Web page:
DAFF president Nadia Panzio on mission to change football culture

The old saying goes don’t judge a book by its cover. Nadia Panzio hopes a few people have learned that lesson. The president of the Danish American Football Federation still remembers vividly the online response when her election was announced last year.

“I will tell you there were some very mean comments. People were saying ‘what is she doing here’, ‘what is she supposed to do in sports’, ‘she’s just a girl’ and ‘she’s a cheerleader what does that have to do with football’,” Panzio recounts. “Thankfully there was a lot of people supporting me, otherwise I would not have been elected.”

A lot has changed in a year. Panzio has championed an ambitious culture change within Danish American football and done so while juggling the coronavirus pandemic. The early criticism did little to drag her down.

“The mean comments hit me hard but it also drove me to say ‘ I’m going to show you’,” she says. “Just because I’m a women doesn’t mean I can’t do things for the federation.”

Do things she has. While most of North America looks on enviously, the Danish National League has become the second football league in the world to begin game-play. Panzio believes that’s a credit to the people around her at DAFF.

“Our general manager [Lars Carlsen] has been very proactive. When all this started there was a lot of phone calls and a lot of meetings discussing if we should close down and cancel games and championships. And we did,” Panzio explains. “We closed down the whole federation a week before the country shut down.”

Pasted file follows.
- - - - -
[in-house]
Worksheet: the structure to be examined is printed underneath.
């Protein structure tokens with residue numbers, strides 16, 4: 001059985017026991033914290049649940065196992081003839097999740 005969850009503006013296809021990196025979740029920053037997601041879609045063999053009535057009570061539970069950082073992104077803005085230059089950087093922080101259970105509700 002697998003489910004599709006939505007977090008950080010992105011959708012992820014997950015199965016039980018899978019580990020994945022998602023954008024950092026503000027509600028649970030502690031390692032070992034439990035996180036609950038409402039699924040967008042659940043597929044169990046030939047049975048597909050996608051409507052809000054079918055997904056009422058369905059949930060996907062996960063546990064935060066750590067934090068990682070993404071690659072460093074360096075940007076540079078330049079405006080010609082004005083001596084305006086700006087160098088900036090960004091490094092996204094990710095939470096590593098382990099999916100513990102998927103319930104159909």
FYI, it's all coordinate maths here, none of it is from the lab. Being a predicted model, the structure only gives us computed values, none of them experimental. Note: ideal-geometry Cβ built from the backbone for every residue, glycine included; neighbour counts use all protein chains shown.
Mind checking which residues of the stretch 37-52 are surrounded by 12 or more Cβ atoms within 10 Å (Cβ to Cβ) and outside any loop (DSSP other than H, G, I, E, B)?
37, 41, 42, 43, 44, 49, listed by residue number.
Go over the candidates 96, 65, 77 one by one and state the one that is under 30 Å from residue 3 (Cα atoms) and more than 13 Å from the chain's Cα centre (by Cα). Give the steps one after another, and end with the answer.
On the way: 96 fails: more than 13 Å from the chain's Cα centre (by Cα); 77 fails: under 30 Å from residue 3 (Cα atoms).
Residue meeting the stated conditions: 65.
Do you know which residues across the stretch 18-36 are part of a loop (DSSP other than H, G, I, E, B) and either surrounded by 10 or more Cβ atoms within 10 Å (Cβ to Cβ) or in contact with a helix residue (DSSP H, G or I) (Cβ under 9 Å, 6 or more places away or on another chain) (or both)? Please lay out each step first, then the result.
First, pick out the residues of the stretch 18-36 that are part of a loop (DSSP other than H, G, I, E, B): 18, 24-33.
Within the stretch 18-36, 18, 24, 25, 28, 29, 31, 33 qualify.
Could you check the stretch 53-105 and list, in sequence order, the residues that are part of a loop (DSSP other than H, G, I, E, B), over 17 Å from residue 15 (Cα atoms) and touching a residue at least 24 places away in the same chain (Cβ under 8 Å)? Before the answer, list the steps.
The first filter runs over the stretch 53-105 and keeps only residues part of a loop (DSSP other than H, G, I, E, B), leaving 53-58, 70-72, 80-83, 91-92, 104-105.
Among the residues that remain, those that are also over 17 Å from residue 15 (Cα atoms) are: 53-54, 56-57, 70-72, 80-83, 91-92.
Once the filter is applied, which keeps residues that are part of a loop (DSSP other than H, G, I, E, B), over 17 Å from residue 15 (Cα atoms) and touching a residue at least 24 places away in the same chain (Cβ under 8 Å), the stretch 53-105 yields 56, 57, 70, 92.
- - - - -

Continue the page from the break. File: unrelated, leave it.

That proactive approach kept the Danish ahead of the pandemic and DAFF membership was very understanding. Panzio marveled at how quickly the clubs adapted to online measures to keep engaged. Soon, by way of a favourable comparison with the national past time of soccer, American football was one of the first sports back on the field.

Why the success? Panzio has an explanation.

“I think its because here in Denmark, it takes a lot to shake us. We are very solid and can deal with almost anything,” she laughs.

While the COVID-19 pandemic has been a massive challenge, its just one of the hurdles the president has faced in her mission to reshape Danish American football. Originally a cheerleader, an injury ended Panzio’s days as an athlete and a move away from her local club cost her the chance to coach. Taking a role on the board was originally just a way to stay involved in the sport she loved, but soon she noticed structural problems within the organization that made her consider a presidential run.

“I started to see all the things that didn’t work the way I thought a board or a federation should. All the communication and unity was just not there,” Panzio says. “We had cheerleading, flag football and tackle football, and it was just those three sports each doing their own thing.”

She was forced to learn about the sport of football on the job and discovered a whole new world, with a foreign type of culture.

“In cheerleading we are all a family. We did everything we could to help each other and make sure other clubs could go to international competitions,” she says. “In football, the mentality was if you can’t show up for a match, I’m going to sue you. That was a whole new thing for me.”